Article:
%% slacpub7204: page file slacpub7204002.tcx.
%% section 2 Semiclassical approach to highenergy scattering [slacpub7204002 in slacpub7204002: slacpub7204003]
%%%% latex2techexplorer block:
%% latex2techexplorer page setup:
\iftechexplorer
\setcounter{section}{1}
\fi
\iftechexplorer
\setcounter{secnumdepth}{2}
\setcounter{tocdepth}{2}
\def\thepart#1{}%
\def\thechapter#1{}%
\newcommand{\partLink}[3]{\docLink{#1.tcx}[part::#2]{#3}\\}
\newcommand{\chapterLink}[3]{\docLink{#1.tcx}[chapter::#2]{#3}\\}
\newcommand{\sectionLink}[3]{\docLink{#1.tcx}[section::#2]{#3}\\}
\newcommand{\subsectionLink}[3]{\docLink{#1.tcx}[subsection::#2]{#3}\\}
\newcommand{\subsubsectionLink}[3]{\docLink{#1.tcx}[subsubsection::#2]{#3}\\}
\newcommand{\paragraphLink}[3]{\docLink{#1.tcx}[paragraph::#2]{#3}\\}
\newcommand{\subparagraphLink}[3]{\docLink{#1.tcx}[subparagraph::#2]{#3}\\}
\newcommand{\partInput}{\partLink}
\newcommand{\chapterInput}{\chapterLink}
\newcommand{\sectionInput}{\sectionLink}
\else
\newcommand{\partInput}[3]{\input{#2.tcx}}
\newcommand{\chapterInput}[3]{\input{#2.tcx}}
\newcommand{\sectionInput}[3]{\input{#2.tcx}}
\fi
\newcommand{\subsectionInput}[3]{\input{#2.tcx}}
\newcommand{\subsubsectionInput}[3]{\input{#2.tcx}}
\newcommand{\paragraphInput}[3]{\input{#2.tcx}}
\newcommand{\subparagraphInput}[3]{\input{#2.tcx}}
\aboveTopic{slacpub7204.tcx}%
\previousTopic{slacpub7204001.tcx}%
\nextTopic{slacpub7204003.tcx}%
\bibfile{slacpub7204005u4.tcx}%
\newmenu{slacpub7204::context::slacpub7204002}{
\docLink{slacpub7204.tcx}[::Top]{Top}%
\sectionLink{slacpub7204001}{slacpub7204001}{Previous: 1. Introduction}%
\sectionLink{slacpub7204003}{slacpub7204003}{Next: 3. Quark pair production in a colour field}%
}
%%%% end of latex2techexplorer block.
%%%% code added by add_nav perl script
\docLink{slacpub7204.tcx}[::Top]{Top of Paper}%

\docLink{pseudo:previousTopic}{Previous Section}%
\bigskip%
%%%% end of code added by add_nav
%%%%%%%%%%%%%%%%%%%%%%%%%%%%%%%%%%%%%%%%%%
%%%%%% author definitions added by nc_fix
\def\hbr{\hfil\break} \def\ve{\vfil\eject}
\def\npi{\parindent=0pt } \def\pind{\parindent=6mm }
\def\dn#1{\hfl\hbox{#1}\cr}
\def\0{\over } \def\1{\vec } \def\2{{1\over2}} \def\4{{1\over4}}
\def\5{\bar } \def\6{\partial } \def\7#1{{#1}\llap{/}}
\def\8#1{{\textstyle{#1}}} \def\9#1{{\bf {#1}}}
\def\ul#1{$\underline{\hbox{#1}}$} \def\llp{\hbox to 0pt{\hss /\hskip1.5pt}}
\def\llo{\hbox to 0.2pt{\hss /}} \def\llq{\hbox to 0pt{\hss /\hskip0.5pt}}
\def\so{\supset\hbox to 0pt{\hss $\displaystyle $\hskip1pt}}
\newcommand{\av}[1]{<\!#1\!>}
\def\ds{\displaystyle }
\def\<{\langle } \def\>{\rangle } \def\lb{\left\{} \def\rb{\right\}}
\def\trian{{\scriptscriptstyle \triangle}}
\def\B#1{{\bf #1}} \def\C#1{{\cal #1}} \def\I#1{{\it #1}}
\def\CA{{\cal A}} \def\CD{{\cal D}} \def\CL{{\cal L}}
\def\i{{\rm i}} \def\itrln{\i\tr\log}
\def\bea{\begin{eqnarray}} \def\eea{\end{eqnarray}}
\def\beann{\begin{eqnarray*}} \def\eeann{\end{eqnarray*}}
\def\beq{\begin{equation}} \def\eeq{\end{equation}}
\newcommand{\Dl}{D\!\!\!\!\!\raisebox{1.5ex}{$\leftarrow$}}
\newcommand{\Dls}{D\!\!\!\!\!\raisebox{1.5ex}{$\leftarrow$}\!\!\!\!\!/}
\newcommand{\Gs}{G\!\!\!\!/}
\newcommand{\Ds}{D\!\!\!\!/}
\newcommand{\ls}{l\!\!/}
\newcommand{\ks}{k\!\!\!/}
\newcommand{\bls}{\bar{l}\!\!/}
\newcommand{\bps}{\bar{p}\!\!/}
\newcommand{\psu}{p\!\!/}
\newcommand{\pts}{\tilde{p}\!\!/}
\newcommand{\lts}{\tilde{l}\!\!/}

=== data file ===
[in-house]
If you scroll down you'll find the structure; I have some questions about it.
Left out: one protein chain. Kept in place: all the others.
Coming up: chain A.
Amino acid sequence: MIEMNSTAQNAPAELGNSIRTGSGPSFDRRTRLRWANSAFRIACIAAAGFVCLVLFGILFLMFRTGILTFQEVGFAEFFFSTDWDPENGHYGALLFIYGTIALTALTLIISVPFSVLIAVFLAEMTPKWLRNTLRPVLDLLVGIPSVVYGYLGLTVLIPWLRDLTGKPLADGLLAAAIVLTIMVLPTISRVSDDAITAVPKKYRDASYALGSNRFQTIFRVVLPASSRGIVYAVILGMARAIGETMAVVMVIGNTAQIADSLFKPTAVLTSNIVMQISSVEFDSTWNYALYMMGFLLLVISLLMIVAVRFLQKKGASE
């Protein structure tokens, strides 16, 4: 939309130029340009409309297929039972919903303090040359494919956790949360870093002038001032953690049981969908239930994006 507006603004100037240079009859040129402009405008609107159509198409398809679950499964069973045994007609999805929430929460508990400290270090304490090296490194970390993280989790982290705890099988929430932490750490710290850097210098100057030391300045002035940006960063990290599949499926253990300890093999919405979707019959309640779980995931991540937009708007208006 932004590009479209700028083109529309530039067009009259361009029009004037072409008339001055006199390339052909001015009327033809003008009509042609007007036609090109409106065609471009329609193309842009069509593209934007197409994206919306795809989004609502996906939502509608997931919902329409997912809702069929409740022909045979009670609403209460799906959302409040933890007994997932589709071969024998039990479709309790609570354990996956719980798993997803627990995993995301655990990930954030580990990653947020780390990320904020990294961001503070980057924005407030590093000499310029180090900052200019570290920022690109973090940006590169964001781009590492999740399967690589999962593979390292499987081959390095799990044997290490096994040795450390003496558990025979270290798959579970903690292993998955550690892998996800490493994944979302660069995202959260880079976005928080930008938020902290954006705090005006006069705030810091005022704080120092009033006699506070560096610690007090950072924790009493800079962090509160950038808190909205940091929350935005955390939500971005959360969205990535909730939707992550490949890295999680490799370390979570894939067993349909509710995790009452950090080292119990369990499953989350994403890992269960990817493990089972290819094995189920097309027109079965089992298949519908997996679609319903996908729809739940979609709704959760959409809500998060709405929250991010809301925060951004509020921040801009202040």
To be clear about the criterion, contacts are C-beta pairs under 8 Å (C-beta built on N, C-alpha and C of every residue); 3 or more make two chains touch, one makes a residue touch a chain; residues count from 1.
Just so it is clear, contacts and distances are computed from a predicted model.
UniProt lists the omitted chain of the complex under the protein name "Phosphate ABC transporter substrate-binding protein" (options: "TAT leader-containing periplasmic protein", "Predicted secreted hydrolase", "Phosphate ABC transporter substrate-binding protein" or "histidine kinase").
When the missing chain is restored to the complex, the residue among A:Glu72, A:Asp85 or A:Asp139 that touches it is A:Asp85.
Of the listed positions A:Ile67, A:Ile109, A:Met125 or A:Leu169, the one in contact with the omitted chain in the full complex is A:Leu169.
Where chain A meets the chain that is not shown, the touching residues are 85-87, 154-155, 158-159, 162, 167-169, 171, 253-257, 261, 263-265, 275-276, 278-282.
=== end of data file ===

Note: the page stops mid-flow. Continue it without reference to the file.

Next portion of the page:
\newcommand{\qs}{q\!\!\!/}
\newcommand{\epsilons}{\epsilon\!\!/}
\newcommand{\bp}{\bar{p}}
\newcommand{\bl}{\bar{l}}
\newcommand{\dpar}{\Delta_{\}}
\newcommand{\xpar}{x_{\}}
\newcommand{\pdl}{\partial\!\!\!\!\raisebox{1.5ex}{$\leftarrow$}}
\newcommand{\pdls}{\partial\!\!\!\!\raisebox{1.5ex}{$\leftarrow$}\!\!\!\!\!/}
\newcommand{\pds}{\partial\!\!\!/}
\renewcommand{\p}{{\scriptscriptstyle \}}
\renewcommand{\p}{{\scriptscriptstyle \}}
%\newcommand{\t}{\perp}
%%%%%%%%%%%%%%%%%%%%%%%%%%%%%%%%%%%%%%%%%%%%
%%%%%%%%% end of definitions added by nc_fix
\section{\usemenu{slacpub7204::context::slacpub7204002}{Semiclassical approach to highenergy scattering}}\label{section::slacpub7204002}\label{sc}
The subject of the present paper is the analysis of diffractive deep
inelastic scattering in terms of the production of quarkantiquark and
quarkantiquarkgluon final states. These processes are considered in the
small$x$ or highenergy limit, where a considerable part of the total
$\gamma^*p$ cross section is diffractive. The gluon densities are known
to grow rapidly in this small$x$ region. Therefore, as already discussed
in \cite{8}, a description of the proton in terms of a classical colour
field should be adequate. This is closely related to the description of
high energy processes in terms of Wilson lines, which has been discussed
by several authors \cite{11,12}. In this section the basis of
the semiclassical approach shall be discussed in more detail. It is similar
to the method developed by Balitsky \cite{13} for small$x$ deep inelastic
scattering. However, in the following more emphasis shall be placed on the
connection with the proton wave functional in the Schr\"odinger picture.
To keep the discussion as simple as possible, consider first the elastic
scattering of a quark off a proton. Although this process is unphysical
since quarks are confined, it can serve to illustrate the method of
calculation. Therefore, in the following confinement is ignored and
quarks are treated as asymptotic states. The generalization to the
physical case of diffractive electroproduction is straightforward and will
be discussed subsequently.
The scattering of a pointlike quark with initial momentum $q$ off a
relativistic bound state with initial momentum $p$ is illustrated in
Fig.~\docLink{slacpub7204002.tcx}[qp]{1}. Let $m_p$ be the proton mass, and $s$ and $t$ the usual
Mandelstam variables for a $2\to 2$ process. In the highenergy limit,
\hspace{.2cm}$s\gg t,\, m_p^2$,\hspace{.2cm} the
contribution from the annihilation of the incoming quark with a constituent